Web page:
Jason Kander might have fallen a bit short in his bid to become a U.S. senator last fall, but when he put out a call for summer help in Manassas, some of his 194,000 Twitter followers didn’t hesitate to answer. In the days since President Donald Trump’s election (and Kander’s own 3-point loss to Sen. Roy Blunt, R-Mo.), the former Missouri Secretary of State has been crafting a new kind of political organization: “Let America Vote,” a group Kander says is designed to “create political consequences for politicians who’ve made voting more difficult or failed to stand up for voting rights.” But with the 2018 midterm elections still a long way out, the Democrat turned his eye toward the statewide races in Virginia as a good place to start. His team of organizers, largely culled from the staff of his Senate bid, saw an opportunity to make an impact in Northern Virginia and made plans to open the group’s first field office in Prince William County.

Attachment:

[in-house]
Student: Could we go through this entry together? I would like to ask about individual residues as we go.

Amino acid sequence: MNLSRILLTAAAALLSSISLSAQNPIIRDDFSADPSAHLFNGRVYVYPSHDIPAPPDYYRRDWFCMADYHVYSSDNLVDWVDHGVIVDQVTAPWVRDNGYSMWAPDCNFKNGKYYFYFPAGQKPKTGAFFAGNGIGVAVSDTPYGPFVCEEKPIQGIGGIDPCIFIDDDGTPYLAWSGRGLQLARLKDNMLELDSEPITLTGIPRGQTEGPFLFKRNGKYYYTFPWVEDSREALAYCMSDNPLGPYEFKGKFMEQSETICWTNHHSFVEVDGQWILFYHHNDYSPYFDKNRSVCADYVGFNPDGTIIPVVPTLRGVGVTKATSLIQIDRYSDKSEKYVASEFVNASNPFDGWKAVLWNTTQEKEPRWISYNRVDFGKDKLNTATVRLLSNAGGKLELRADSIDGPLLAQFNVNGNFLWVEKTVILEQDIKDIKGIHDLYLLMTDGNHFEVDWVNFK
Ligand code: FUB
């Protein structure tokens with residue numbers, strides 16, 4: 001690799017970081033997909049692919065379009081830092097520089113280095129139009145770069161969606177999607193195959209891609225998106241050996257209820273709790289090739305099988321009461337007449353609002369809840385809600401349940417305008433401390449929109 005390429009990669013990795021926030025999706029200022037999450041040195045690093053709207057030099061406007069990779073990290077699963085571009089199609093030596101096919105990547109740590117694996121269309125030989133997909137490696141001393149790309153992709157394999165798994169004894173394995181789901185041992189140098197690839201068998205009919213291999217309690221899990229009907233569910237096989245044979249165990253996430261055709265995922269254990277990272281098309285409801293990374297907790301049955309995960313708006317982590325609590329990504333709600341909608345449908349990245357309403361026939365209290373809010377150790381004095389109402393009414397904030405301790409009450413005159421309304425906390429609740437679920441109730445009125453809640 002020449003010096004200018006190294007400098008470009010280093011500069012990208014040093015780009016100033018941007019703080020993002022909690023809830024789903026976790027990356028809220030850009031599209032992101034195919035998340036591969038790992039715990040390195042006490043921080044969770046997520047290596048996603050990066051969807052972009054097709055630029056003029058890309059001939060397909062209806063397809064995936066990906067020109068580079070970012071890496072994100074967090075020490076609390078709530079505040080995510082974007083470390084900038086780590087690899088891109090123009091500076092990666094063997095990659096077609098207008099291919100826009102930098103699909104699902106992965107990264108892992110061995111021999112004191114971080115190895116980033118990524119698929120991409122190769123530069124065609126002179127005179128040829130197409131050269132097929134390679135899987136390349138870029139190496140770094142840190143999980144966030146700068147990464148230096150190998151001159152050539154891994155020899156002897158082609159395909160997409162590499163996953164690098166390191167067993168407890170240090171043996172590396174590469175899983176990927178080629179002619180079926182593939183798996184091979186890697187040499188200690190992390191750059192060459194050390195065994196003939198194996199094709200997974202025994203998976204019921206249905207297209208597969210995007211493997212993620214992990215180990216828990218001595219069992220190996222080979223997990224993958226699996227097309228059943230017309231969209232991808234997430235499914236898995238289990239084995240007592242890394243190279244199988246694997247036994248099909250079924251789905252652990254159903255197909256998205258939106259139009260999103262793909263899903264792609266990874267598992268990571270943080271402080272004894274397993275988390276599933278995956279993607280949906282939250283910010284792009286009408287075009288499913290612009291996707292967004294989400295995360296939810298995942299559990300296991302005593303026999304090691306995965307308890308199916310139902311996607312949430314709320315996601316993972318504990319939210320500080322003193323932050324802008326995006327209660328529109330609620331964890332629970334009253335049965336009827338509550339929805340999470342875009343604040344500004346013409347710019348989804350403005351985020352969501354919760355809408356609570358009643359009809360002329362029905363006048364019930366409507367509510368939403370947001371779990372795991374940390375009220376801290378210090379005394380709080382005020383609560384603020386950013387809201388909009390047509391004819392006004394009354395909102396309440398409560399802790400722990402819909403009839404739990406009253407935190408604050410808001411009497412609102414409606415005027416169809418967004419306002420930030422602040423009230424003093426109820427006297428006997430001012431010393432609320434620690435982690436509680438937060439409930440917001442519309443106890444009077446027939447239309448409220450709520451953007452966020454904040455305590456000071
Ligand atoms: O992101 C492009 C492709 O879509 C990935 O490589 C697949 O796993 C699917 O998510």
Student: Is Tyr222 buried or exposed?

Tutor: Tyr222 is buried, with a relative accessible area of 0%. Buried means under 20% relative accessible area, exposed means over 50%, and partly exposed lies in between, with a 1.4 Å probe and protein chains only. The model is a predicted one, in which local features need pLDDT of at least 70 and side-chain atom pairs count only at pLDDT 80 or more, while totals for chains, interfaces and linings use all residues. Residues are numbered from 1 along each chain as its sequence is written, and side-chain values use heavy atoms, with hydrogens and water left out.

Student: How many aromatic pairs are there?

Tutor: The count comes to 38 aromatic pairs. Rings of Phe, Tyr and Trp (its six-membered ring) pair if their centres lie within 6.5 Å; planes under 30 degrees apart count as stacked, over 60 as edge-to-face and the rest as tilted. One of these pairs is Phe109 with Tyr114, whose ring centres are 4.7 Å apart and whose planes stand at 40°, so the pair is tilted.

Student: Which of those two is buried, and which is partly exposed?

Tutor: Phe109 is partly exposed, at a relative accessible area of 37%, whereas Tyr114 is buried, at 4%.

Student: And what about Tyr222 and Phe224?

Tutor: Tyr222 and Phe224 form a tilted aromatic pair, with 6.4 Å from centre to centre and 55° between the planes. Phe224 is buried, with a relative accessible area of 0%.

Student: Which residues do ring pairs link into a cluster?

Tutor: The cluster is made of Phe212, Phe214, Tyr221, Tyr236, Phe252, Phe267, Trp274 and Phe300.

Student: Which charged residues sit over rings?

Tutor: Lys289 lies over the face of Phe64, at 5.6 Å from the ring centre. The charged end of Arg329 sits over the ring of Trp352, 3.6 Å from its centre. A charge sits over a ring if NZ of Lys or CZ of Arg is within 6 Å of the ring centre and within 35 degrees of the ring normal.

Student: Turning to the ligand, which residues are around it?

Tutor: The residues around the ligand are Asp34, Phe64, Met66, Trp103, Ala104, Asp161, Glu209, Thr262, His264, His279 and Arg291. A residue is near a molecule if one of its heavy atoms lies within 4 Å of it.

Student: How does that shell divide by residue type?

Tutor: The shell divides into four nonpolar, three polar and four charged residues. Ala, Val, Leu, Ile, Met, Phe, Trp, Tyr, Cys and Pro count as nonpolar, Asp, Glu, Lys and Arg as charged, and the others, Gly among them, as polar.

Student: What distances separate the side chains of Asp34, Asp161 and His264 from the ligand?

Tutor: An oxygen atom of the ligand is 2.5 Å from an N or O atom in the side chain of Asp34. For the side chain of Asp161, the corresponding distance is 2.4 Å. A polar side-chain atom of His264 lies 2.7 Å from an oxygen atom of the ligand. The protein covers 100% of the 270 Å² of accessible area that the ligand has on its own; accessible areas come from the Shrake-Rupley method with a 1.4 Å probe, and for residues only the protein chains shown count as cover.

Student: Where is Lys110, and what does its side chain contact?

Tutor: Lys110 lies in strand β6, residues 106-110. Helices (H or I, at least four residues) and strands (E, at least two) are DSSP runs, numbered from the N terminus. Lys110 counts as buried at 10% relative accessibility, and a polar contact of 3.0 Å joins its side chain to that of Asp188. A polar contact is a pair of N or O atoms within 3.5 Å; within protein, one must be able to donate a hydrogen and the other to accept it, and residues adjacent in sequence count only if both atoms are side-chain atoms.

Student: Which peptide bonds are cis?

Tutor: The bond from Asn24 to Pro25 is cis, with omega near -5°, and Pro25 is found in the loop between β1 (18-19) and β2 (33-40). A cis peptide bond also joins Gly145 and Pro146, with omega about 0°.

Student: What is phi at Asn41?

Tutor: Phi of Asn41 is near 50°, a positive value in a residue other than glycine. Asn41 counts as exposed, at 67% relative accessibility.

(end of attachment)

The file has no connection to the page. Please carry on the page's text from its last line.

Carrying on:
Yet Let America Vote is still a new entity, so recruiting interns and volunteers to start knocking on doors was a challenge — at least until Kander fired off a fateful tweet to his tens of thousands of followers.
“Jason sent out one single tweet in March before anyone was even on the ground here, and from that one tweet, we got like 200 intern applicants,” said Ben Tyson, the group’s national field director, in an interview in Let America Vote’s Manassas office. “People were telling him, ‘I’ve been following you since November, I saw the gun ad, I heard you on [liberal podcast] Pod Save America, you give me hope, I want to be involved, sign me up.’”
Indeed, the former Army captain may be best known for a 2016 campaign ad that showed him assembling a rifle blindfolded, arguing that his familiarity with firearms gave him a unique appreciation for the value of gun safety laws. But Kander’s staff believes they never would have enticed roughly 90 interns to knock on more than 100,000 doors in the last 51 days if there wasn’t a bit more to Kander than just a viral video.